SETI Confirms: 'Oumuamua Asteroid Is NOT Sending Detectable Radio Signals

Since its discovery by Robert Weryk back in October of 2017, the cannoli-shaped asteroid named ʻOumuamua has baffled the scientific community. As the first-ever detected interstellar object to pass through our solar system, it makes sense that there would be a lot of interest in the wheres, whats, and hows of its origin, but so far not many of those questions have been answered. One thing the SETI Institute is sure of, according to reports, is that the weird object is not sending radio signals to Earth. At least not any that we have been able to detect.

New Atlas reports that a group of scientists led by Gerry Harp have spent the better part of a year analyzing data from the Allen Telescope Array (ATA) at the Hat Creek Radio Observatory in California. The researchers determined that between November 23 and December 5, 2017 when ‘Oumuamua was 170 million miles away, no artificial radio signals were being emitted from the mysterious rock. “We were looking for a signal that would prove that this object incorporates some technology – that it was of artificial origin,” Harp said in a statement. “We didn’t find any such emissions, despite a quite sensitive search. While our observations don’t conclusively rule out a non-natural origin for ‘Oumuamua, they constitute important data in assessing its likely makeup.” Basically, ‘Oumuamua is either not an alien vessel sent to spy on Earth, or the technology is far too advanced and stealthy for us to detect it…but science is leaning more toward the former, as to be expected.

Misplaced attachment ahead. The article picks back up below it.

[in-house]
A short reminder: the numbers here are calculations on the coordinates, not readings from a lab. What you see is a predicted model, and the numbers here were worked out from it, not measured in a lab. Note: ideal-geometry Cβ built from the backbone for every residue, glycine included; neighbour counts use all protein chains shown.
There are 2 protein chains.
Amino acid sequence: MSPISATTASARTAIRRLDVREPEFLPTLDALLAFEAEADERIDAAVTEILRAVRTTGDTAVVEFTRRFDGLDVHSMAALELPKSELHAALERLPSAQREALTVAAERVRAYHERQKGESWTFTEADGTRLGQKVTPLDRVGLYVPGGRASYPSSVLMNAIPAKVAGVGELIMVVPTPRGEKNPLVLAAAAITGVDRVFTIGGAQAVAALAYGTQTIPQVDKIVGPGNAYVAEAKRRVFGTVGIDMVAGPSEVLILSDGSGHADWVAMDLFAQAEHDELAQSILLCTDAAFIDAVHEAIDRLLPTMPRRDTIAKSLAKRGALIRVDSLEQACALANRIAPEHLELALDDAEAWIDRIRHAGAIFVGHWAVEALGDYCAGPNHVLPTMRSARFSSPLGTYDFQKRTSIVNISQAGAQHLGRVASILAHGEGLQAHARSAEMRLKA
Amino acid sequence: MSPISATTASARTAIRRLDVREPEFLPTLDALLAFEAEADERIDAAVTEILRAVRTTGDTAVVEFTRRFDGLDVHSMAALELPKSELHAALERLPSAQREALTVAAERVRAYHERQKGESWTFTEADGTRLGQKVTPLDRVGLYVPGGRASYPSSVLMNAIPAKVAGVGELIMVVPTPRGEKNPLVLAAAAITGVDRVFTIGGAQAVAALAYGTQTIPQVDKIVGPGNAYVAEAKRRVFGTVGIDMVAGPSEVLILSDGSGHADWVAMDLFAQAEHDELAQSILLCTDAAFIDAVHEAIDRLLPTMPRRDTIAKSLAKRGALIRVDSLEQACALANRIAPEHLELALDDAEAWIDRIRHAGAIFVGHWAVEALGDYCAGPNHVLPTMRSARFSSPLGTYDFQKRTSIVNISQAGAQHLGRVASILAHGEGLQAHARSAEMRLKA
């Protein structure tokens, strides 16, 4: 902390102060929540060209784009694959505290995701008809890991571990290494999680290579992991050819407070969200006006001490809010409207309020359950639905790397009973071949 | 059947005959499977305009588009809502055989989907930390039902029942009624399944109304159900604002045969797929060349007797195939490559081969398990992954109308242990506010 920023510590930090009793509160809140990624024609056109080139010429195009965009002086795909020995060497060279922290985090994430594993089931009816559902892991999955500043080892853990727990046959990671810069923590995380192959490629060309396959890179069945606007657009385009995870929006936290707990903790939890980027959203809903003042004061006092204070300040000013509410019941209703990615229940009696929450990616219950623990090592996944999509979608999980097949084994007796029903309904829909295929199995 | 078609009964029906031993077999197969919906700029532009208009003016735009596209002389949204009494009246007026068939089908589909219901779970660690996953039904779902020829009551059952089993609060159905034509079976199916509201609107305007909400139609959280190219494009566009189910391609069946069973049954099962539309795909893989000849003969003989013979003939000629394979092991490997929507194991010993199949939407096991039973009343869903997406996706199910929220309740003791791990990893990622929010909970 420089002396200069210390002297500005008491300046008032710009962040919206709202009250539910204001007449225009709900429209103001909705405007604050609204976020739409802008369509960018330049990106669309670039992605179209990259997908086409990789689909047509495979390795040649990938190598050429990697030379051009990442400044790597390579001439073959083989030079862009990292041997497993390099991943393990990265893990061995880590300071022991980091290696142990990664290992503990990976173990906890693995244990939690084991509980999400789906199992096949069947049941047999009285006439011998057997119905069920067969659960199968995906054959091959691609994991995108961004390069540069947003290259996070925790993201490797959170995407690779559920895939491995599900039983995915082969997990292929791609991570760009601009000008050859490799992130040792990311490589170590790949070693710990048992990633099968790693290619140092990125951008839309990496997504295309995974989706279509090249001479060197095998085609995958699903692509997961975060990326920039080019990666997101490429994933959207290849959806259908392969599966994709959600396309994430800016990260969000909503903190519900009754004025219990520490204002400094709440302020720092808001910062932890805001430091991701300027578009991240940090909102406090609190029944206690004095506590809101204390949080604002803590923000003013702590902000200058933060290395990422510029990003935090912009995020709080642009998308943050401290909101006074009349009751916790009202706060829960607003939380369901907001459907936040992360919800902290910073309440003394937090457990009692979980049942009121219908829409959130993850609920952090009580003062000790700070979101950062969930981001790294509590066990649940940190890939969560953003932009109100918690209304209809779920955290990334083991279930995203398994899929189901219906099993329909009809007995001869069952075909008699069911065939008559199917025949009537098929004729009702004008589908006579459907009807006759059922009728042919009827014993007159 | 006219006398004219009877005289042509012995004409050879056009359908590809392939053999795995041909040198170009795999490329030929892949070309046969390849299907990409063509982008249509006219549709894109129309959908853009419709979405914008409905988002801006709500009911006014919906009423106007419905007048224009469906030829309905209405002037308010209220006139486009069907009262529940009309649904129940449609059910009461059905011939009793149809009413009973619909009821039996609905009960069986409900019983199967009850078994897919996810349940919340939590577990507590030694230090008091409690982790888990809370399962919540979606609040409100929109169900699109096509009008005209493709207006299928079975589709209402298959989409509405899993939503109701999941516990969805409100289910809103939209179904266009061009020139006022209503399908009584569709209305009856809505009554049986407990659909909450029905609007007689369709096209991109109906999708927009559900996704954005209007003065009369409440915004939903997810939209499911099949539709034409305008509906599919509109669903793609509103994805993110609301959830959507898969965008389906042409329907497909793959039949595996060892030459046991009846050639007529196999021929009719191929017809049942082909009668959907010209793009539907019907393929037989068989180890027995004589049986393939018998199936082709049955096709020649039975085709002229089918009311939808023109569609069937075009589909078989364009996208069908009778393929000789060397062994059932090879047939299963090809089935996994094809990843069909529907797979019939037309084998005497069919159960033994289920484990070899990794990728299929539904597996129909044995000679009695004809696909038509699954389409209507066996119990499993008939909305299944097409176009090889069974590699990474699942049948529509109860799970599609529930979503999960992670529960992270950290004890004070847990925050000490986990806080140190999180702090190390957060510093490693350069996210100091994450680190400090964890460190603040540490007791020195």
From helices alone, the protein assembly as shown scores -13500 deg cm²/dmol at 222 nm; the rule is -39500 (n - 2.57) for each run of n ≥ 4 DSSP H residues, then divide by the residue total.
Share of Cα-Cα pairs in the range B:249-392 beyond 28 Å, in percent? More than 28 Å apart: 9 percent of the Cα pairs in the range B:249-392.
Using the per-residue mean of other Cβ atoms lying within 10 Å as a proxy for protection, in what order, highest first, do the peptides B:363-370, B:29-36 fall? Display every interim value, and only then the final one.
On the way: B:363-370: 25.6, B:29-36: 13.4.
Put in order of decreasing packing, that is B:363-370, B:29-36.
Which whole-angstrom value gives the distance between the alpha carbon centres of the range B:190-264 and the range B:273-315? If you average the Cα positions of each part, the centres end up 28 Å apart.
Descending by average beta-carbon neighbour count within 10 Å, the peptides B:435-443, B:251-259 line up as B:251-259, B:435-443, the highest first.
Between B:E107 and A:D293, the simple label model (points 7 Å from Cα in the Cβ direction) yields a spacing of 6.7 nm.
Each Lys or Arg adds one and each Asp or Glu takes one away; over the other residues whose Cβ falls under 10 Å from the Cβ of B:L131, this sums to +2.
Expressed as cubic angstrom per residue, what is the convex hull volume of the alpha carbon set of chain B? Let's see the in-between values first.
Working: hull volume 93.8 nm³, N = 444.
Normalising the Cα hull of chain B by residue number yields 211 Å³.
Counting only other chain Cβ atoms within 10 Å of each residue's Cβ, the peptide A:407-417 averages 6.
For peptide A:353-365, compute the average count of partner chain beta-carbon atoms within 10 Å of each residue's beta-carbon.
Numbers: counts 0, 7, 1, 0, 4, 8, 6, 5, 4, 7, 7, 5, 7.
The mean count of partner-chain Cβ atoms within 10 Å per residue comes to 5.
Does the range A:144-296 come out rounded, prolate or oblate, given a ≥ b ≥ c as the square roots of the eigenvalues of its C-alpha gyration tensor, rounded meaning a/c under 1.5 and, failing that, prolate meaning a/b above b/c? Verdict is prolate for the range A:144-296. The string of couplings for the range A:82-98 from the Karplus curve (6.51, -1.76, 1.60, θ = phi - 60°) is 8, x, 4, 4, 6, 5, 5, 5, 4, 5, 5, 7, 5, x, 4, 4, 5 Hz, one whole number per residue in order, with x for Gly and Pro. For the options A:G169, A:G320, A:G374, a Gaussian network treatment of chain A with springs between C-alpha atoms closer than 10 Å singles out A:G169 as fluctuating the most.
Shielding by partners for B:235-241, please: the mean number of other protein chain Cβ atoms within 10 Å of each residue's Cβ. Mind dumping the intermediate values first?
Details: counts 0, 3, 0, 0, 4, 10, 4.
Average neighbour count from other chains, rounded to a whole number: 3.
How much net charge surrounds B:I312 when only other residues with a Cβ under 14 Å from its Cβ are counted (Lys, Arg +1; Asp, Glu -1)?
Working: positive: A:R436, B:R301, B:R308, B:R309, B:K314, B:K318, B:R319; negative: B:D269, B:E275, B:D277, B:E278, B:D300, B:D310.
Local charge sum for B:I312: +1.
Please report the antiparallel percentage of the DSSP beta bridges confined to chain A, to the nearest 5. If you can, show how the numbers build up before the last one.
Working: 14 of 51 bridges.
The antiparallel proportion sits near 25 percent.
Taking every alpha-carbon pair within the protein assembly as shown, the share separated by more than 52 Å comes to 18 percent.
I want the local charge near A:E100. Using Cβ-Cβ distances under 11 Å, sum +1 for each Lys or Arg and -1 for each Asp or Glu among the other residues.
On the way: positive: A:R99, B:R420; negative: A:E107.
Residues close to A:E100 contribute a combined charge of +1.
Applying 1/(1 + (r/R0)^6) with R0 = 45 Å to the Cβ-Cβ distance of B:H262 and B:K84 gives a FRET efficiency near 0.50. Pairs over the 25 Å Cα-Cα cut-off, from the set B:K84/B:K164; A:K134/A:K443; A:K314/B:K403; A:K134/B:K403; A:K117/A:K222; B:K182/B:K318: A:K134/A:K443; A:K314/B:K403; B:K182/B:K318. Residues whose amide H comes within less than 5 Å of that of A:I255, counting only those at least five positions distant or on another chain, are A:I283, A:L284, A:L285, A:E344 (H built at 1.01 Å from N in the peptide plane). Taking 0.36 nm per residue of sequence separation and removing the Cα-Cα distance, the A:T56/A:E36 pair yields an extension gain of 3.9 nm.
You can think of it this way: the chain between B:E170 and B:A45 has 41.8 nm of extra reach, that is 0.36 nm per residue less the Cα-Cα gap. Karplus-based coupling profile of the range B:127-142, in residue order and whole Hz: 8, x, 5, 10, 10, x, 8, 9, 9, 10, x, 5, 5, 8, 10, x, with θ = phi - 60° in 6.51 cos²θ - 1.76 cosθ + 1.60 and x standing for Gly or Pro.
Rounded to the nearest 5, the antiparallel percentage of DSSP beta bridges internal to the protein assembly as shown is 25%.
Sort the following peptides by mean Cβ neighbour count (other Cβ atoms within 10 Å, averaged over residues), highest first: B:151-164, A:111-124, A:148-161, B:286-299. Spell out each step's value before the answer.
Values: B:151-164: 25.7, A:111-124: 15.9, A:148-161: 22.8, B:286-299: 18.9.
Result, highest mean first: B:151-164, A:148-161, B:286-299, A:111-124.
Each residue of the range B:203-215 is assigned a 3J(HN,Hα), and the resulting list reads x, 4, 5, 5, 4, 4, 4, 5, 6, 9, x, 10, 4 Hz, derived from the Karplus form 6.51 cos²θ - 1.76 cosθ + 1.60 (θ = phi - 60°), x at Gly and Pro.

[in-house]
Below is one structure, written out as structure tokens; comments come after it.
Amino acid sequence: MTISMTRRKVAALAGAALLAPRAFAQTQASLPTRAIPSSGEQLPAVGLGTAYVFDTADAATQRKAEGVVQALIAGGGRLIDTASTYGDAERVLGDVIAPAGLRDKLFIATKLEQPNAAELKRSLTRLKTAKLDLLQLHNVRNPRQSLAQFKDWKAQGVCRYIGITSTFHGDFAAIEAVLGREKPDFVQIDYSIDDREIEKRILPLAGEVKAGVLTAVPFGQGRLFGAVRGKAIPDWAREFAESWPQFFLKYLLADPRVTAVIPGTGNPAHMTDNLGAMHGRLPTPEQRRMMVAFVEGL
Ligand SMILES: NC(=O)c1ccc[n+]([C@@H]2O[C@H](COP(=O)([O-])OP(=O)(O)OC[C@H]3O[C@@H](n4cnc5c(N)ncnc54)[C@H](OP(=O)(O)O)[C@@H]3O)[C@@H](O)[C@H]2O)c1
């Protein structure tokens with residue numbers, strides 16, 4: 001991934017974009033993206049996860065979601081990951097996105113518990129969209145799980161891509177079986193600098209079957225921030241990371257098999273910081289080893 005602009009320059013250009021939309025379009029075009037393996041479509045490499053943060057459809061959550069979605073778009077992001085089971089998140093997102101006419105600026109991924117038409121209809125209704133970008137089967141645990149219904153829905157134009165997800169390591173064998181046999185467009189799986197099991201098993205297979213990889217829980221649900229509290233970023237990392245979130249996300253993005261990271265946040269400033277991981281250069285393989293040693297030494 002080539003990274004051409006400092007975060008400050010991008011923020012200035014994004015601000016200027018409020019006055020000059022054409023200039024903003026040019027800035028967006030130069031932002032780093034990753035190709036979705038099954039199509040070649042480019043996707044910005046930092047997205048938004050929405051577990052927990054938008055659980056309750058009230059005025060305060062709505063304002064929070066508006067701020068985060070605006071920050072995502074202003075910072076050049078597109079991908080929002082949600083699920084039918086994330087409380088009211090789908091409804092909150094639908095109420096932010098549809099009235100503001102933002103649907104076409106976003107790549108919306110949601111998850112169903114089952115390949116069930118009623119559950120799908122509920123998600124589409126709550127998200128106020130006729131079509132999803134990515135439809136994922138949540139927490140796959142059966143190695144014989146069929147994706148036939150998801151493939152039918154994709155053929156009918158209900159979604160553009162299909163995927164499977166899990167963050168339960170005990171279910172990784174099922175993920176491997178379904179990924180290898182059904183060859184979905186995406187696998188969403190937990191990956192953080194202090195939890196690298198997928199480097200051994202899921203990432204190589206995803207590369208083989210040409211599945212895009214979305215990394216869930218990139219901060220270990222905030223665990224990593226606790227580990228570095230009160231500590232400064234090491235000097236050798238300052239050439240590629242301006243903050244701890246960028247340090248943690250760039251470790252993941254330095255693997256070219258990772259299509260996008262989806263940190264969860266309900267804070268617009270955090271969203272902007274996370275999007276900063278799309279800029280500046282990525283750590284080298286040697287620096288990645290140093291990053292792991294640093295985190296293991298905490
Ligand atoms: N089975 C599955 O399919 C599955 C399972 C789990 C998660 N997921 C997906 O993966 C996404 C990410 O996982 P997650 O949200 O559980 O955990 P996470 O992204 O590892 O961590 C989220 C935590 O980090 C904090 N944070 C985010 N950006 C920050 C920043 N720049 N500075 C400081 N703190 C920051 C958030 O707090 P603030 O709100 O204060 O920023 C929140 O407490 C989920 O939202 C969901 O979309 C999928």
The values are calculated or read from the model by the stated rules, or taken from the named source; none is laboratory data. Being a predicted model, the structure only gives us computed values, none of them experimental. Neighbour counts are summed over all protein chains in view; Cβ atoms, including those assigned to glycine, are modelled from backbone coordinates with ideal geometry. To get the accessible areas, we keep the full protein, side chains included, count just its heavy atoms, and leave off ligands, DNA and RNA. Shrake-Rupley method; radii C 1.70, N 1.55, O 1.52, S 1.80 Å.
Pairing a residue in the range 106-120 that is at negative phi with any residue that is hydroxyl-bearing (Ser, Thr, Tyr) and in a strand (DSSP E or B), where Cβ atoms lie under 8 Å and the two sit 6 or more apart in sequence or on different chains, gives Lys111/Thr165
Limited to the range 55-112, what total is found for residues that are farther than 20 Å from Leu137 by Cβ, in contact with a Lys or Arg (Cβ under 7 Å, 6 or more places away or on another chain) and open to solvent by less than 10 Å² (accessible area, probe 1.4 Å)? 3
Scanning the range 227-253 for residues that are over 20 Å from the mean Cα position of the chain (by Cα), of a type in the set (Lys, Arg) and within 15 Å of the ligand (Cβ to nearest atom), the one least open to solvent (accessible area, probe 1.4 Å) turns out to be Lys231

A previous study suggested that the asteroid came from a world with two suns (like Tatooine in Star Wars), while another from the Harvard Smithsonian Center for Astrophysics sort of reaffirmed the theory that ‘Oumuamua was made (as a part of an alien spacecraft) and did not form naturally. Will we ever know exactly what the “scout” visitor was? The fact that actual scientists are doing so much speculation is honestly pretty entertaining, so we hope the mystery lasts forever.

Cover image: ESO/M. Kornmesser – CC BY 4.0